It had only been 3 weeks. I made a last minute appointment to get my c-section incision checked out. It was most definitely infected. For other appointments, my doctor made sure I got in and out quickly: minimizing the amount of time spent surrounded by pregnant women in the waiting room. My social interactions had been limited to people who knew me; who knew Lincoln; who knew he was gone. I sat in that room full of strangers and stared at my feet. A young boy was barefoot, sliding his body across the top of the coffee table. Women filled up seats on every side of me. They chatted and smiled. I just stared at my feet. Twenty minutes passed and I was feeling better. Maybe I’d make it through this after all….. but then she spoke. The woman to my right asked me, “So, are you pregnant?”
Ouch…. a knife to the chest. I answered, making no eye contact, giving a simple, “no.” I hoped that my demeanor would stop any further conversation. But then it got worse. She carried on, “Oh man, you’re soooo lucky! I just had a c-section 7 months ago and I’m pregnant again.” I was stunned. Tears stung my eyes. Lucky? This woman with a healthy 7-month old and another on the way was calling me lucky. The lump in my throat was quickly rising. I wanted to tell her that she couldn’t be more wrong. I wanted to tell her that I just had an extensive c-section and was still recovering. Most of all, I wanted to tell her about Lincoln. I just nodded and looked away.
I was quickly saved when the nurse called my name. As I got up, I knew she would be the first of many. In the last eight months, I’ve heard plenty of variations. This comes from people who don’t know about Lincoln, and also from those who do.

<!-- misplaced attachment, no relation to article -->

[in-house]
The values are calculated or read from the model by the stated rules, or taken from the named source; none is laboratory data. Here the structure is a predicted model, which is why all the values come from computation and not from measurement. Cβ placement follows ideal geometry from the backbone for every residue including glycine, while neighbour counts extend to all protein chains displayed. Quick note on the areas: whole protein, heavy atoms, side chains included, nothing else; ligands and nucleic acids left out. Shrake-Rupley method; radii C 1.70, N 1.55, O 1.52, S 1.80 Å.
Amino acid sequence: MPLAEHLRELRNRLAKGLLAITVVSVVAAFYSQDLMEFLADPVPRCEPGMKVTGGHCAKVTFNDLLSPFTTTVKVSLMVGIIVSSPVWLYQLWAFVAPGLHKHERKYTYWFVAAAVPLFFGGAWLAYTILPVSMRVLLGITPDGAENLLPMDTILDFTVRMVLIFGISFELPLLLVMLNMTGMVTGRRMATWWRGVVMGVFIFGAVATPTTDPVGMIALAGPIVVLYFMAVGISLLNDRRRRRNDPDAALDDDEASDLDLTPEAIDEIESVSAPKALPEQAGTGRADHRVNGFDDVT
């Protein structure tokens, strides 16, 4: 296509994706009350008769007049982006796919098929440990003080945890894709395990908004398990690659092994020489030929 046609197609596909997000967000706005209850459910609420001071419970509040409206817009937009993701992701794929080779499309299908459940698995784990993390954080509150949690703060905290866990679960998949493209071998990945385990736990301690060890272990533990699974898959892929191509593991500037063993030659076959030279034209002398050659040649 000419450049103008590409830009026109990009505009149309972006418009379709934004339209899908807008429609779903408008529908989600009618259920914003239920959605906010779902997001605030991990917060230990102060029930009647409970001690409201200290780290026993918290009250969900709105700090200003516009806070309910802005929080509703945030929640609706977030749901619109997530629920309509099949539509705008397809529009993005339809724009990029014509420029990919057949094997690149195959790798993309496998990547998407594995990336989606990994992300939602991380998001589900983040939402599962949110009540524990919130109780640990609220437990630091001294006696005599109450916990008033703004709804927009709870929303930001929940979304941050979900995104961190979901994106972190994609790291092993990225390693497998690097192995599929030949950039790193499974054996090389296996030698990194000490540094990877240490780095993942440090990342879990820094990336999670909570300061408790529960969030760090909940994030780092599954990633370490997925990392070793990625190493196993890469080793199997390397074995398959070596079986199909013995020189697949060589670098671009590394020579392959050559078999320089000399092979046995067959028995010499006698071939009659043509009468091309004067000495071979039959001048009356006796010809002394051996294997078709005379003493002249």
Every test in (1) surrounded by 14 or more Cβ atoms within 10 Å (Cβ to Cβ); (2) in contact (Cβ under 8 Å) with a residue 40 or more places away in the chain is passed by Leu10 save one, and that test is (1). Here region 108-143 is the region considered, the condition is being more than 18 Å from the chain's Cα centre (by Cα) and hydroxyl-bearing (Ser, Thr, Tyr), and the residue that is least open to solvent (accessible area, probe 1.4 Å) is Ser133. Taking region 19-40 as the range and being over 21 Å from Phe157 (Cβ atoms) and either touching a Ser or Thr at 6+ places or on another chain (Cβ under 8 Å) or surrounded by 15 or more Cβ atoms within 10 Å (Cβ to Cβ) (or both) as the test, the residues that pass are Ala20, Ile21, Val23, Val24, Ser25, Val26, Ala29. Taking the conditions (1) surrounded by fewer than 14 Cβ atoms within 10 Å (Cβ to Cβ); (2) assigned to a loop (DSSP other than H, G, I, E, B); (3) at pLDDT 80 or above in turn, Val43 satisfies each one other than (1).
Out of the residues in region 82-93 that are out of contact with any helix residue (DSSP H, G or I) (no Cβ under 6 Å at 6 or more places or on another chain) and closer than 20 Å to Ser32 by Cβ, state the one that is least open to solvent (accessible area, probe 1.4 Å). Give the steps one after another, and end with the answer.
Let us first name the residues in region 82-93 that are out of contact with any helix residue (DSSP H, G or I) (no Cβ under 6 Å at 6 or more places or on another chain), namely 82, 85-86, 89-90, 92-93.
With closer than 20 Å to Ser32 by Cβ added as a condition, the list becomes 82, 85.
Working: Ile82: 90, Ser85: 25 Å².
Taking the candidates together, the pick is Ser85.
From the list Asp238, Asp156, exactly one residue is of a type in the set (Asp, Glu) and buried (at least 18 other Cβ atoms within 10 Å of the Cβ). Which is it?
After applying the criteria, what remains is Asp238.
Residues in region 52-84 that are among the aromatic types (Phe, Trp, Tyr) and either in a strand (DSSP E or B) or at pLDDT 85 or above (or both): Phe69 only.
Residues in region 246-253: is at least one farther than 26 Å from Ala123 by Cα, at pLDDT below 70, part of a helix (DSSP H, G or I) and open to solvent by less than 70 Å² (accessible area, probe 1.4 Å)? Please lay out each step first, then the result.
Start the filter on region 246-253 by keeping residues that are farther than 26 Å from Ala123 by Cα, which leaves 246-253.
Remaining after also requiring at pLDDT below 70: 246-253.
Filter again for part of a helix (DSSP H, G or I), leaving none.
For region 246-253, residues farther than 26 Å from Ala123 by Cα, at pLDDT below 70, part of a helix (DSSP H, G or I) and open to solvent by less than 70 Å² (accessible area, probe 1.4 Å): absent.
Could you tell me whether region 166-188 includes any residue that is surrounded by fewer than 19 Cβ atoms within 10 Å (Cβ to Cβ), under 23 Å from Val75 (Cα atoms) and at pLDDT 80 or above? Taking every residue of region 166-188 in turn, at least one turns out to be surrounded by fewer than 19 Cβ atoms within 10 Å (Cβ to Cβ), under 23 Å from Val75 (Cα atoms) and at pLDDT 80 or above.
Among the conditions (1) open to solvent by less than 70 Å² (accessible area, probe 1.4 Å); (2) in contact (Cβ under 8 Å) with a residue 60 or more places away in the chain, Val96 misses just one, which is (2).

- “You’re lucky you don’t have kids
- Just wait until you have them.
- Do you want to take one of mine?
- At least you get to sleep through the night
- Yeah, this is what having kids is like”
I could go on. These comments don’t always bring tears to my eyes, but they do really irritate me. A healthy pregnancy is not a promise of a healthy, living child. I would love for Lincoln to help parents remember to hold their children close and to be grateful for them. I want them to realize how incredibly blessed they are. Along with that, please remember, bereaved parents ARE out there. We do exist, and we’d give anything to have our child here with us.
2 thoughts on ““You’re so Lucky” ”
Thank you for having the courage to share your experience. Lincoln taught me how to love Ally Mae harder, hold her closer, really treasure her, pray for her more and to be ever so grateful for her. Through these lessons and more, you and Lincoln have made me a better mother.
Sending up prayers and love to you, Travis and Lincoln,
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Oh Sarah, thank you so much for your words. I know that Lincoln has had a deeper connection with you since we were in the hospital together. I’ll be so glad to see you soon ♡